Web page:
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By Nita Sharma Das, ND, PhD

Bowler’s thumb is a rare, neuropathic disease caused by long-term pressure on the ulnar digital nerve of the thumb. It can be relieved through resting the affected hand and taking analgesic medications such as aspirin.

Bowler’s Thumb is a rare, neuropathic disease caused by long-term pressure on the ulnar digital nerve of the thumb. Image Credit: Chonlawut/Shutterstock.com

It is recommended that individuals with Bowler’s thumb stop exerting excessive pressure on the ulnar digital nerve and discontinue any physical activity that can incite damage on the affected nerve.

Early diagnosis and conservative treatment can provide a better prognosis for Bowler’s thumb. Numbness, pain or any other neurological symptoms on the thumb of bowlers can be an early sign of the condition and therefore should not be neglected. Baseball players, cherry pitters, jewelers, and massage therapists should be cautious of these symptoms, as they have the highest risk of developing Bowler’s thumb.

Besides a thorough analysis of a patient’s occupational and medical history assessment, there are several diagnostic techniques available to detect the Bowler’s thumb.

Clinicians usually ask for performing neurectomy, neurolysis, and transposition of the ulnar digital nerve to access the underlying cause of the condition. They may even conduct an MRI to evaluate the cause of the thumb mass. All these diagnostic tests are essential for early diagnosis and determining further therapeutic measures to prevent complications associated with Bowler’s thumb.

There are several steps that can be taken to prevent the development of Bowler’s thumb:

Temporarily stopping all sports activities involving the use of the affected hand
Wearing neoprene sleeves during blowing or other activity that is thought to cause Bowler’s thumb.
Changing the thumb-hole position or griping style for professionals who want to continue their career, so that the least pressure can generate in the ulnar digital nerve and minimize friction between ball and thumb.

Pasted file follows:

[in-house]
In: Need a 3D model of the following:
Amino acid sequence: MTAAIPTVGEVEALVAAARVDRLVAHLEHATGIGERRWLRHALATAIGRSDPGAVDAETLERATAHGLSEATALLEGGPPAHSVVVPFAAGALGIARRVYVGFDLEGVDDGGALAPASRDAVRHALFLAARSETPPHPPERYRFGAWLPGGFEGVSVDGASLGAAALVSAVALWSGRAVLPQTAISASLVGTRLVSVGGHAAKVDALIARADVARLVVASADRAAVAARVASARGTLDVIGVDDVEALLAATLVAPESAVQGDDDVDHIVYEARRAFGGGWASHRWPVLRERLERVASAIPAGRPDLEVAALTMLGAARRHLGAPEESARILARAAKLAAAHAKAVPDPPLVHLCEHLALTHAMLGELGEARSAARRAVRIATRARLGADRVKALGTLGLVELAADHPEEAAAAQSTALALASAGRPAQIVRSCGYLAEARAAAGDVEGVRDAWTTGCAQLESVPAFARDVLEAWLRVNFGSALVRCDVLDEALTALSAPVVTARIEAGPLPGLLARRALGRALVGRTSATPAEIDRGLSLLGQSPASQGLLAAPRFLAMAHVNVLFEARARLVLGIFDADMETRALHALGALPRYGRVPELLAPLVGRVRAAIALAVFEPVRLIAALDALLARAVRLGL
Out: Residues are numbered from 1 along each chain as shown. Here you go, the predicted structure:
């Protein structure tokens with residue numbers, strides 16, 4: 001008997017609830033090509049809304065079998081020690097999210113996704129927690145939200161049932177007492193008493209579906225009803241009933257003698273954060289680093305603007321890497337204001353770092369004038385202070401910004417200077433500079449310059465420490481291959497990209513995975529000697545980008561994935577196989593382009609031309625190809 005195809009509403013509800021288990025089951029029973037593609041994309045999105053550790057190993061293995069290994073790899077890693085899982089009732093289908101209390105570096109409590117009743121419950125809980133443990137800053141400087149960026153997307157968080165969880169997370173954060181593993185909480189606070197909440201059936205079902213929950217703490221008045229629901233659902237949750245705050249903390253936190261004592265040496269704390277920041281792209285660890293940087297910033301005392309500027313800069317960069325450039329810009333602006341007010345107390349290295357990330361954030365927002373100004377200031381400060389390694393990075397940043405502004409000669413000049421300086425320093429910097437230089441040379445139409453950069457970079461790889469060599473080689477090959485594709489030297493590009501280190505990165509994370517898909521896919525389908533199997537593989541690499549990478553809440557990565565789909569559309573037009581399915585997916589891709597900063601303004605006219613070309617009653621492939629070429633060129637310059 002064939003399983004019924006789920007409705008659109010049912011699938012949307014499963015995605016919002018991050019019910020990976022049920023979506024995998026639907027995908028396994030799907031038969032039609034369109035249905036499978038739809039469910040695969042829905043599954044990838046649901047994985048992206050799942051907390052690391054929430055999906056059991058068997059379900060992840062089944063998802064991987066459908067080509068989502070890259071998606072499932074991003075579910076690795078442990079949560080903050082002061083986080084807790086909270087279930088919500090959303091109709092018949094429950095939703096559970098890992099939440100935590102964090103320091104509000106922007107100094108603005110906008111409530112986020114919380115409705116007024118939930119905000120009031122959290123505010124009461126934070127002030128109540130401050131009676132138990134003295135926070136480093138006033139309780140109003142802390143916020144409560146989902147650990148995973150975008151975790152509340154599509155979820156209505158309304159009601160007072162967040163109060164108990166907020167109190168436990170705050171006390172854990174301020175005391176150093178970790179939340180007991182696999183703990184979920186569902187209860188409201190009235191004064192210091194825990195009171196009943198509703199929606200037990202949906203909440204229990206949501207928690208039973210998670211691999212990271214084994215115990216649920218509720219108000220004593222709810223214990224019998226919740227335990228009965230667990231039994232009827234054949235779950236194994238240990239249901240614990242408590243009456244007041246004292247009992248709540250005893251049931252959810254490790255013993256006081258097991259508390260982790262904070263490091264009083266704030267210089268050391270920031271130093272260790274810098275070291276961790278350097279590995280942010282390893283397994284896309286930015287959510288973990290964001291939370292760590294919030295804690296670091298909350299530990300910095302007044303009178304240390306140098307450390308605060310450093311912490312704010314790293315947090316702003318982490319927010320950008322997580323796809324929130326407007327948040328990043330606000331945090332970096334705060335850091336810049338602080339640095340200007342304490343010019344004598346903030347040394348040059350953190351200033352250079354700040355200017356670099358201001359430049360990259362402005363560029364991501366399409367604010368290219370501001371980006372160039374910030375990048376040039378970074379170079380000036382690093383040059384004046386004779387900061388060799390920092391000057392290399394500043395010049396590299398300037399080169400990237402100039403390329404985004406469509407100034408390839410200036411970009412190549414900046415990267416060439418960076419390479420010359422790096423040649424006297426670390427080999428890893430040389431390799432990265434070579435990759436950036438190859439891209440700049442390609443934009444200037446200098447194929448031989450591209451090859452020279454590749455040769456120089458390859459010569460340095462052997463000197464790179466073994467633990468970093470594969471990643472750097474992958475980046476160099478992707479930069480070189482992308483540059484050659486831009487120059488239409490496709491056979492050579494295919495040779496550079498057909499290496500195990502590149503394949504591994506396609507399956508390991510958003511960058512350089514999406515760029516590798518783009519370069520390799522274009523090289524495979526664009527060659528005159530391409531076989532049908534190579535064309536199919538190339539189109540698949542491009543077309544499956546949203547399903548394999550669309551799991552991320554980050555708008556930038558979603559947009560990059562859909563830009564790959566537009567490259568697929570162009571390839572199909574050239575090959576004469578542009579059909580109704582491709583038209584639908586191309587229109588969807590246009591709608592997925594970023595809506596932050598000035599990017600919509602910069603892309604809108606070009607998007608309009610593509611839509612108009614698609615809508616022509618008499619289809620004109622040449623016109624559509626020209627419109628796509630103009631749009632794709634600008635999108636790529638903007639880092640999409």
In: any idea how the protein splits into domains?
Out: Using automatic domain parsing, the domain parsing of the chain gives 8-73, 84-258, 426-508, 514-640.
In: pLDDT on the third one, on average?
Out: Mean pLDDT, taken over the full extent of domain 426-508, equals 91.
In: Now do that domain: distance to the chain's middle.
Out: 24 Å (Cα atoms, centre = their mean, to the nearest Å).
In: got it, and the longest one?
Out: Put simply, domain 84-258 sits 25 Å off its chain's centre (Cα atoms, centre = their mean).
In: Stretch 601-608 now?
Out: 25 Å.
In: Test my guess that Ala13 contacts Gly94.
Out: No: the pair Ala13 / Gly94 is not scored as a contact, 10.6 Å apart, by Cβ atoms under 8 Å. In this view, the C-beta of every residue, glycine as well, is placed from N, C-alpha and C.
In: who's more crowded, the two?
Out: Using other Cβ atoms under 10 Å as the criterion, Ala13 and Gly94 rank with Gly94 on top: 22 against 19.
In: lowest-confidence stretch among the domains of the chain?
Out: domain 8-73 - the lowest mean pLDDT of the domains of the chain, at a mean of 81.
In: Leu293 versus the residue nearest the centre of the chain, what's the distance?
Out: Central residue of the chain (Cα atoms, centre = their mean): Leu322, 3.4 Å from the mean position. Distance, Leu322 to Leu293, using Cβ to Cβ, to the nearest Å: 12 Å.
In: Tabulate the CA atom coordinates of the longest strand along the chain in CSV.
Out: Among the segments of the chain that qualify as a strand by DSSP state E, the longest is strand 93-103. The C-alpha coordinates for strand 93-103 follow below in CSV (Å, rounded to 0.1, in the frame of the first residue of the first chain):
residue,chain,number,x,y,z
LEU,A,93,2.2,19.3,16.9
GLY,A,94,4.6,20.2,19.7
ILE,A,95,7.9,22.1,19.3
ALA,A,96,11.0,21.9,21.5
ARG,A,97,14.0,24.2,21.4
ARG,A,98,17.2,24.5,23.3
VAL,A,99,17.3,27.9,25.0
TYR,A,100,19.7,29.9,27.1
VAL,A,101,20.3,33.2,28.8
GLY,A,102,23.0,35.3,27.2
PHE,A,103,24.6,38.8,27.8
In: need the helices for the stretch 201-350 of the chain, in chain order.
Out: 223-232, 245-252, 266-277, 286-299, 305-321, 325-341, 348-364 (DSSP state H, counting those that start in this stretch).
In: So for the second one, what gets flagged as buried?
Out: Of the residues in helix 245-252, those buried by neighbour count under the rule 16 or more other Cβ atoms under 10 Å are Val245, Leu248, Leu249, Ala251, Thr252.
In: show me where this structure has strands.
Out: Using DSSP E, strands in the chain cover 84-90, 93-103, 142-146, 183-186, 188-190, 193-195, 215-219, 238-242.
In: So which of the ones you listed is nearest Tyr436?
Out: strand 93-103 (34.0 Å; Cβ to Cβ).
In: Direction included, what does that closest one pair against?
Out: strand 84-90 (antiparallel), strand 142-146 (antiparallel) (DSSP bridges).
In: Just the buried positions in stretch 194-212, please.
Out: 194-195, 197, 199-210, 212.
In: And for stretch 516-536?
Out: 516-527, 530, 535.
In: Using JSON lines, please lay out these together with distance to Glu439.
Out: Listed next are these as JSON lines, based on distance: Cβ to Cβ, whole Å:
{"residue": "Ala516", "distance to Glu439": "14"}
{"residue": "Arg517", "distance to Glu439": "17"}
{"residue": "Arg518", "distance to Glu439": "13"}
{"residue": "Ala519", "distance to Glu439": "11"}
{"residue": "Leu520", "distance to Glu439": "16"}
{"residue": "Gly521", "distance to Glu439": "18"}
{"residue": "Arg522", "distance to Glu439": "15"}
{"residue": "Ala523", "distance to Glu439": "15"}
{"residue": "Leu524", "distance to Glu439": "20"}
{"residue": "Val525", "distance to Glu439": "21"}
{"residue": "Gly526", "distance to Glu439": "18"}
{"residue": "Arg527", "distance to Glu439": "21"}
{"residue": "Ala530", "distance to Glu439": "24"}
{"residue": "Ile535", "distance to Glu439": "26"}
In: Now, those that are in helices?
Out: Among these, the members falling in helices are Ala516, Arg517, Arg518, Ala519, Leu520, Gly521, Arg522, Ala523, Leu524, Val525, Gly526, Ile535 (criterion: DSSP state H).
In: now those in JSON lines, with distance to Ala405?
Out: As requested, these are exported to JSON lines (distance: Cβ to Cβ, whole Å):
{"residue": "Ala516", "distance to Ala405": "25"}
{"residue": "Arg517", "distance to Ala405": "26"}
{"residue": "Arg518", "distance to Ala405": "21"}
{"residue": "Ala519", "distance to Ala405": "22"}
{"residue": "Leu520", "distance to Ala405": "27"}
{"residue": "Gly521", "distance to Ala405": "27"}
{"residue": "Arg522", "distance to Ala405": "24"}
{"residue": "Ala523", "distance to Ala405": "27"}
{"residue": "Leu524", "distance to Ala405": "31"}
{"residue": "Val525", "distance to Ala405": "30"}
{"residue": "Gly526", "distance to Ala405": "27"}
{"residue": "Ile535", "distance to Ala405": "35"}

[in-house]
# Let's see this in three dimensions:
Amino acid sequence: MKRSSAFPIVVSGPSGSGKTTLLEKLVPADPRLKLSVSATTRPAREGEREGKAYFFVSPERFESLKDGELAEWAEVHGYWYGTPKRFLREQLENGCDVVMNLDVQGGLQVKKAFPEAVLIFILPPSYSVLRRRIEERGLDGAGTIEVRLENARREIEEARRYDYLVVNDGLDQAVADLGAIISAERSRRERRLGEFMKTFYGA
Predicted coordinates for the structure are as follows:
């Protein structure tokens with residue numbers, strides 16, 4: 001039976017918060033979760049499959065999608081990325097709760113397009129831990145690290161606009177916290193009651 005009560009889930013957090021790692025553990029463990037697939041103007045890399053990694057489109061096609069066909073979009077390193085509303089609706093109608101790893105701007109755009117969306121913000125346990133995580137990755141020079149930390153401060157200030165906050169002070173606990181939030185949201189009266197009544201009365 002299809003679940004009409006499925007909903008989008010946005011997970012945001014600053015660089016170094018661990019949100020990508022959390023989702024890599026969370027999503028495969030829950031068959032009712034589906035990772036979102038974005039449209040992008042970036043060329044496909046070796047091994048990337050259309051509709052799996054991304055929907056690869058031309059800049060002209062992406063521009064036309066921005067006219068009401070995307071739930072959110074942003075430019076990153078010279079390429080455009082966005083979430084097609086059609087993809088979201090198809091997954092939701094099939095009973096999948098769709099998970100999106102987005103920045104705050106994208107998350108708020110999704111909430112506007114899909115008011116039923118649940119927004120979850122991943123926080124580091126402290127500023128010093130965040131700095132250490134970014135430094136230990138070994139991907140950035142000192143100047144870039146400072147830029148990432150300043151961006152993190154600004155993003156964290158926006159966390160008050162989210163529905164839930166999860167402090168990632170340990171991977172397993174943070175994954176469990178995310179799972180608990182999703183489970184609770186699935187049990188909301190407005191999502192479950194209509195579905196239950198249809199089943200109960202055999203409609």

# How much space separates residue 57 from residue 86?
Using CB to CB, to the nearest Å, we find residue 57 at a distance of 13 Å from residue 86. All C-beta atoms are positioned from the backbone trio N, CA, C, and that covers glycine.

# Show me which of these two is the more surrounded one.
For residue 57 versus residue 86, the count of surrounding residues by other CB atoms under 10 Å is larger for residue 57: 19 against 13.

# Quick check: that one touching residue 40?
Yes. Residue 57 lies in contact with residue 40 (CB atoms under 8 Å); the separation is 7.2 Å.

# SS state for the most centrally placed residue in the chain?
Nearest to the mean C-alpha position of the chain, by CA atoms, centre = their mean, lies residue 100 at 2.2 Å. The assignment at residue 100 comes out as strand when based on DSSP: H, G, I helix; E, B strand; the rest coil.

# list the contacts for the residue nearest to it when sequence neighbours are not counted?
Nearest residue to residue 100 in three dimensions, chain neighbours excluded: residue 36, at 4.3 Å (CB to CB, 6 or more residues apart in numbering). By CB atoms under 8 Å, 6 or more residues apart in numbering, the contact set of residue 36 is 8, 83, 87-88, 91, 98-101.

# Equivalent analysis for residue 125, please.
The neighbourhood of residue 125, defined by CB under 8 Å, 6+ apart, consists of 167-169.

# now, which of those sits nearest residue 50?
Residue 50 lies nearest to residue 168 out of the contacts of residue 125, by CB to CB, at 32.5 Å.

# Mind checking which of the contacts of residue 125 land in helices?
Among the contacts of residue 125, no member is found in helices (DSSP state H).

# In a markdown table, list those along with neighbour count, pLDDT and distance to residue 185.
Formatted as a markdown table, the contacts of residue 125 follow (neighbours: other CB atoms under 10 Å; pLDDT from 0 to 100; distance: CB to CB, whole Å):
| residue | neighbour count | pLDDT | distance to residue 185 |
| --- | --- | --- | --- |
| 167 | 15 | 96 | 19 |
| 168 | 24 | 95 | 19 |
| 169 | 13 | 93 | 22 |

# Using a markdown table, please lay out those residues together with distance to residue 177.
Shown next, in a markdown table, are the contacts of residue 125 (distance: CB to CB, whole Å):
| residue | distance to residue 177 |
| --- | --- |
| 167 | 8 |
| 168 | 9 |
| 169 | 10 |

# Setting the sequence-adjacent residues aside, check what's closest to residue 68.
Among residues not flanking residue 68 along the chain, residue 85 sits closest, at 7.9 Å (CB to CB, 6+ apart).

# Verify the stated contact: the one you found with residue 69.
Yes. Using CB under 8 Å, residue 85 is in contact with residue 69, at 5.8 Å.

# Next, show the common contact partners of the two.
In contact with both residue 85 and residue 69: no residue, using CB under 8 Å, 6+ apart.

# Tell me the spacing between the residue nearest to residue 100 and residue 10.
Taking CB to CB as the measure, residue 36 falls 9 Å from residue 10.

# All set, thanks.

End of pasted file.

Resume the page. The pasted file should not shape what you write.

Using a light-weight bowling ball and other tools known to increase the risk of Bowler’s Thumb

In most cases, Bowler’s Thumb can be resolved by treatments such as pressure relief and adequate rest to the affected thumb. However, those who cannot rest should provide support to the ulnar digital nerve and may need surgery.

Neoprene sleeves are strongly suggested as an assistive device to relieve nerve compression. Splint and thumb guards are also recommended to guard the affected thumb against repetitive traumatic injury.

In the case of therapeutic measures failing to provide sufficient relief, surgical intervention becomes the only option to resolve Bowler’s Thumb. In most cases, those who opt for surgical intervention can restart sports activities within a two year period. Some of the recommended surgical interventions for treating Bowler’s Thumb are listed below:

Resection of neuroma may or may not assemble with nerve grafting
Ulnar digital nerve transposition
Adductor pollicis transposition

Among the variety of surgical interventions, simple neurolysis can provide successful treatment outcomes for most cases. However, neurolysis may not provide permanent relief from Bowler’s thumb, as there is a risk of neuroma recurrence for those who continue to bowl after the injury has healed.

To avoid such recurrence, the clinicians recommend the use of an additional supportive medical device like a nerve protector, which acts as a nerve guard and prevents trauma. A nerve wrap is a safe option other than vein wrap which covers around the compressed nerve to prevent neuronal degeneration, scar formation and also improve the nerve latency.

Ulnar digital nerve transposition is conducted by using 7-0 silk tacking sutures. This process is applied to provide an added guard to the ulnar digital nerve and to prevent direct traumatic vigor at the thumb.

In this process, the ulnar digital nerve is pulled more medially to provide a safeguard from the pressure point. The underlying subcutaneous tissue or muscular tissue needs translocation which is made possible by suturing the subcutaneous tissue towards the epineural sheath.

In adductor pollicis transposition, the adductor is divided and further repaired by rearranging nerve dorsal towards the muscle. This process is different from Ulnar digital nerve transposition because a bone anchor is used in this process instead of suturing the adductor.

Bowler’s Thumb

Reviewed by: Antonia Stanojević, BA, MA



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